Derivation of human induced pluripotent stem cells for cardiovascular disease modeling.

Department of Medicine, Stanford University School of Medicine, Stanford, CA, USA.
Circulation Research (Impact Factor: 11.09). 04/2011; 108(9):1146-56. DOI: 10.1161/CIRCRESAHA.111.240374
Source: PubMed

ABSTRACT The successful derivation of human induced pluripotent stem cells (hiPSCs) by dedifferentiation of somatic cells offers significant potential to overcome obstacles in the field of cardiovascular disease. hiPSC derivatives offer incredible potential for new disease models and regenerative medicine therapies. However, many questions remain regarding the optimal starting materials and methods to enable safe, efficient derivation of hiPSCs suitable for clinical applications. Initial reprogramming experiments were carried out using lentiviral or retroviral gene delivery methods. More recently, various nonviral methods that avoid permanent and random transgene insertion have emerged as alternatives. These include transient DNA transfection using plasmids or minicircles, protein transduction, or RNA transfection. In addition, several small molecules have been found to significantly augment hiPSC derivation efficiency, allowing the use of a fewer number of genes during pluripotency induction. We review these various methods for the derivation of hiPSCs, focusing on their ultimate clinical applicability, with an emphasis on their potential for use as cardiovascular therapies and disease-modeling platforms.

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    ABSTRACT: The advent of induced pluripotent stem cells (iPSCs) 1 revolutionized Human Genetics by allowing us to generate pluripotent cells from easily accessible somatic tissues. This technology can have immense implications for regenerative medicine, but iPSCs also represent a paradigm shift in the study of complex human phenotypes, including gene regulation and disease 2-5. Yet, an unresolved caveat of the iPSC model system is the extent to which reprogrammed iPSCs retain residual phenotypes from their precursor somatic cells. To directly address this issue, we used an effective study design to compare regulatory phenotypes between iPSCs derived from two types of commonly used somatic precursor cells. We show that the cell type of origin only minimally affects gene expression levels and DNA methylation in iPSCs. Instead, genetic variation is the main driver of regulatory differences between iPSCs of different donors. Research on human subjects is limited by the availability of samples. Practical and ethical considerations dictate that functional molecular studies in humans can generally only make use of frozen post mortem tissues, a small collection of available cell lines, or easily accessible primary cell types (such as blood or skin cells). The discovery that human somatic cells can be reprogrammed into a pluripotent state 6,7 and can then be differentiated 8 into multiple somatic lineages, has the potential to profoundly change human research by providing us access to a wide range of cell types from practically any donor individual. Though much progress has been made since the initial development of iPSC reprogramming technology, and human iPSCs have been used in a wide range of studies, the usefulness of iPSCs as a model system for the study of human phenotypes is still extensively debated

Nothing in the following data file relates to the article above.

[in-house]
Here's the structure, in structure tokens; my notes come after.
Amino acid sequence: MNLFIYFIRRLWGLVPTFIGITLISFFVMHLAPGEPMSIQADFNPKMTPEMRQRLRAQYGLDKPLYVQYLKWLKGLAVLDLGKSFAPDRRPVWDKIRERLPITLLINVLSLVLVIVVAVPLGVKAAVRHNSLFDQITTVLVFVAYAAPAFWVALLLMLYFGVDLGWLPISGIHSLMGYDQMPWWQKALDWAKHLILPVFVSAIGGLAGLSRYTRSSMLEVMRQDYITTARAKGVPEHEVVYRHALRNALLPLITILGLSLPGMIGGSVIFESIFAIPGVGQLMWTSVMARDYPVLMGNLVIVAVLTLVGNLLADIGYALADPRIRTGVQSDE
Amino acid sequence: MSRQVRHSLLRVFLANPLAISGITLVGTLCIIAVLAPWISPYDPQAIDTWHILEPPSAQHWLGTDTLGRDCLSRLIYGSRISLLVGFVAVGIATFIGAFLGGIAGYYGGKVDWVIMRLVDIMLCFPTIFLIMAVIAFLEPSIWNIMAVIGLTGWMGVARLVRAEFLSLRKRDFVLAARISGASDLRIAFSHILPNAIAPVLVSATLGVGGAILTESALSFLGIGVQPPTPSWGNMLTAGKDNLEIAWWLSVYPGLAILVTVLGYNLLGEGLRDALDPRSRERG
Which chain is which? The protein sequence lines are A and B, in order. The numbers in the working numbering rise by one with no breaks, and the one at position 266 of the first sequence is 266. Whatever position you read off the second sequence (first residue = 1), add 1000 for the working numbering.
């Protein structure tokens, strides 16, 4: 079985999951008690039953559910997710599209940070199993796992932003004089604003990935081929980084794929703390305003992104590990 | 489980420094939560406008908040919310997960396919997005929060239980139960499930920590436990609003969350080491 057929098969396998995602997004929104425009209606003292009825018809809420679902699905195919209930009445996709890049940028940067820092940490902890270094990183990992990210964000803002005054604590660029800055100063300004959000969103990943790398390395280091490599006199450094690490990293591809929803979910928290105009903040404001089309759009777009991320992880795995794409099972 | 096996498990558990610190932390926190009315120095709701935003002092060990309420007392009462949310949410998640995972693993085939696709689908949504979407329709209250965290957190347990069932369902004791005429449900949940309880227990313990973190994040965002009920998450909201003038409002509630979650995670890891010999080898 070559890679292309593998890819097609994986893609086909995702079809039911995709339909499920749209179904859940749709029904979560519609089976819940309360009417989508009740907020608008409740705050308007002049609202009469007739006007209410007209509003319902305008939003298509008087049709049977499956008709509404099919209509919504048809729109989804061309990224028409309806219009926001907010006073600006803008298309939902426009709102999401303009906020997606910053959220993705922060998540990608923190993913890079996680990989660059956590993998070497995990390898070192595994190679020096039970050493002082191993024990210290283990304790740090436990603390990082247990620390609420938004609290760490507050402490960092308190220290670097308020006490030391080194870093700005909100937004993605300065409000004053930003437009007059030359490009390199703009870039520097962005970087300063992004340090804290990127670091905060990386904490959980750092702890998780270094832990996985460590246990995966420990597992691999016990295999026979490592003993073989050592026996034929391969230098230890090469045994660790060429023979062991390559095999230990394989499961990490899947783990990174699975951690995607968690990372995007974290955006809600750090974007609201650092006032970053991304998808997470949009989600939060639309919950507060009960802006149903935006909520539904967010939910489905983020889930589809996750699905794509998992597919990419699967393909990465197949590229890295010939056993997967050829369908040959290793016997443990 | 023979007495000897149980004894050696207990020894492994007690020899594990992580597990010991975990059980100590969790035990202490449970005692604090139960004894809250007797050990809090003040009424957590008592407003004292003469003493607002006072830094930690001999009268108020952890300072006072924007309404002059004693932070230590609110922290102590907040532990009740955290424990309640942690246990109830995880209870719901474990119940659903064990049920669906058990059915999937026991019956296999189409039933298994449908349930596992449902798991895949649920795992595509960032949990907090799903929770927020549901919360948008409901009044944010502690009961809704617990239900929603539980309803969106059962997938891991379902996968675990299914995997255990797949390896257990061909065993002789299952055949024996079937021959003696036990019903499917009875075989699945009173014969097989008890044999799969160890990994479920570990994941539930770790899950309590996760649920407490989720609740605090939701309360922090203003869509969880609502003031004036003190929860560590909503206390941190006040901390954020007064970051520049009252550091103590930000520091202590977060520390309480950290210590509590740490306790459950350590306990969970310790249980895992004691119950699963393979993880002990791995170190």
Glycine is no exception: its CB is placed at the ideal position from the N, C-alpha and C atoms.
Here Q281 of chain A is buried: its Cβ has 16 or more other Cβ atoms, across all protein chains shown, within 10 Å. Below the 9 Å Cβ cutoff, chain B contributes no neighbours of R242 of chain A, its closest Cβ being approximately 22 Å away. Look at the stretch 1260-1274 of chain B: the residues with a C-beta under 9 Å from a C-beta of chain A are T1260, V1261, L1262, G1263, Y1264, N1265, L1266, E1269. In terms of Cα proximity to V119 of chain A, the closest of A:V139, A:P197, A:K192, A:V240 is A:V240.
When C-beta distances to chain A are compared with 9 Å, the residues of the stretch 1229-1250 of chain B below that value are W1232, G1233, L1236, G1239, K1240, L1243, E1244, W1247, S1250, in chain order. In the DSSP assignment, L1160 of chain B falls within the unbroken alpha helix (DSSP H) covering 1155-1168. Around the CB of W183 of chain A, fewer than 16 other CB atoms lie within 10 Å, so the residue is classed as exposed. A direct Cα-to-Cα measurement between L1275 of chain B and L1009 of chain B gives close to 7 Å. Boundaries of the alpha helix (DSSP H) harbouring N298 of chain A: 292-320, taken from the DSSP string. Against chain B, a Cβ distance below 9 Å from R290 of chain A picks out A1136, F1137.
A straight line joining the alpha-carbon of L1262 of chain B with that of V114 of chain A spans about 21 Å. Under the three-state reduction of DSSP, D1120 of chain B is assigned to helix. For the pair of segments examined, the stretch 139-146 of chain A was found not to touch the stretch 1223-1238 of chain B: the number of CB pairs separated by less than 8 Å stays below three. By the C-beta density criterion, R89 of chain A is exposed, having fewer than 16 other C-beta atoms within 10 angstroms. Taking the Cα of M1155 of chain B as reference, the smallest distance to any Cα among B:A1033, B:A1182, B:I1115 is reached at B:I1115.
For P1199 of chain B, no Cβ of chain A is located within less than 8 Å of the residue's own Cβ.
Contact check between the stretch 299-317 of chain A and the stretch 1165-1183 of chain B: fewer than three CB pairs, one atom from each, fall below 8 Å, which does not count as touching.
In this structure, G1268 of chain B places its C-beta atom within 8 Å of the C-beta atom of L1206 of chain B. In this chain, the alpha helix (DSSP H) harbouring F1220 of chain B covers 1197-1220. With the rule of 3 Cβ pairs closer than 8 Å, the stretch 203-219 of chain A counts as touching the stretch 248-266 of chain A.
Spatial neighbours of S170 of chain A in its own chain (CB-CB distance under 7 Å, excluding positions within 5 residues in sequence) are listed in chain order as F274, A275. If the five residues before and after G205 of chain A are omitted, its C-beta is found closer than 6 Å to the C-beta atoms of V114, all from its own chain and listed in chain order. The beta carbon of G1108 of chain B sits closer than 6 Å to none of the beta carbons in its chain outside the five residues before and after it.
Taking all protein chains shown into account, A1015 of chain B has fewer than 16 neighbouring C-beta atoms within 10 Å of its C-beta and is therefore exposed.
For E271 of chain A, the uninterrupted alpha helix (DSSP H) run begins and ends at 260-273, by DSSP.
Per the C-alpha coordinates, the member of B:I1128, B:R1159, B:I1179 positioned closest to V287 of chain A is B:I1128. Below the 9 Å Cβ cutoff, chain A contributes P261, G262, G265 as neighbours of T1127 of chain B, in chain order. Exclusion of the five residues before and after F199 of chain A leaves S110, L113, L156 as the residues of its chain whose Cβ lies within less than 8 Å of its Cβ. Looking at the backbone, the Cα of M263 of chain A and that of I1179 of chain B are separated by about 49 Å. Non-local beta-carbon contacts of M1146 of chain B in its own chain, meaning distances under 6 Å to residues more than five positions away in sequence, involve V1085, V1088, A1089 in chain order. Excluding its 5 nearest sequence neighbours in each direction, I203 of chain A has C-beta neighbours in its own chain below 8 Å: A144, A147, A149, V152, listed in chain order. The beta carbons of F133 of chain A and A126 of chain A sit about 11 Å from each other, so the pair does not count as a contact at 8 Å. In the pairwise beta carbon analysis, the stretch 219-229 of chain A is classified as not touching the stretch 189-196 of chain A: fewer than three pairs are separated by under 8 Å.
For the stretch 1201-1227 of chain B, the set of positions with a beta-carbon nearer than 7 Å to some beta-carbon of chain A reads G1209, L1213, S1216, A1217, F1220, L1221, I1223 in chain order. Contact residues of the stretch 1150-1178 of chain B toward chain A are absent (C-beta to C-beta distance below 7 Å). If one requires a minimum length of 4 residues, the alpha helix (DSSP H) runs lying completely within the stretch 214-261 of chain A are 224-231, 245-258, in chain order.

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    ABSTRACT: Induced pluripotent stem cells (iPSCs) hold great promise for basic research and regenerative medicine. They offer the same advantages as embryonic stem cells (ESCs) and moreover new perspectives for personalized medicine. iPSCs can be generated from adult somatic tissues by over-expression of a few defined transcription factors, including Oct4, Sox2, Klf4, and c-myc. For regenerative medicine in particular, the technology provides great hope for patients with incurable diseases or potentially fatal disorders such as heart failure. The endogenous regenerative potentials of adult hearts are extremely limited and insufficient to compensate for myocardial loss occurring after myocardial infarction. Recent discoveries have demonstrated that iPSCs have the potential to significantly advance future cardiovascular regenerative therapies. Moreover, iPSCs can be generated from somatic cells of patients with genetic basis for their disease. This human iPSC derivates offer tremendous potential for new disease models. This paper reviews current applications of iPSCs in cardiovascular regenerative medicine and discusses progress in modeling cardiovascular diseases using iPSCs-derived cardiac cells. © 2015 by the Society for Experimental Biology and Medicine.
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    Circulation Research 12/2014; 115(12):e71-8. DOI:10.1161/CIRCRESAHA.114.305567 · 11.09 Impact Factor


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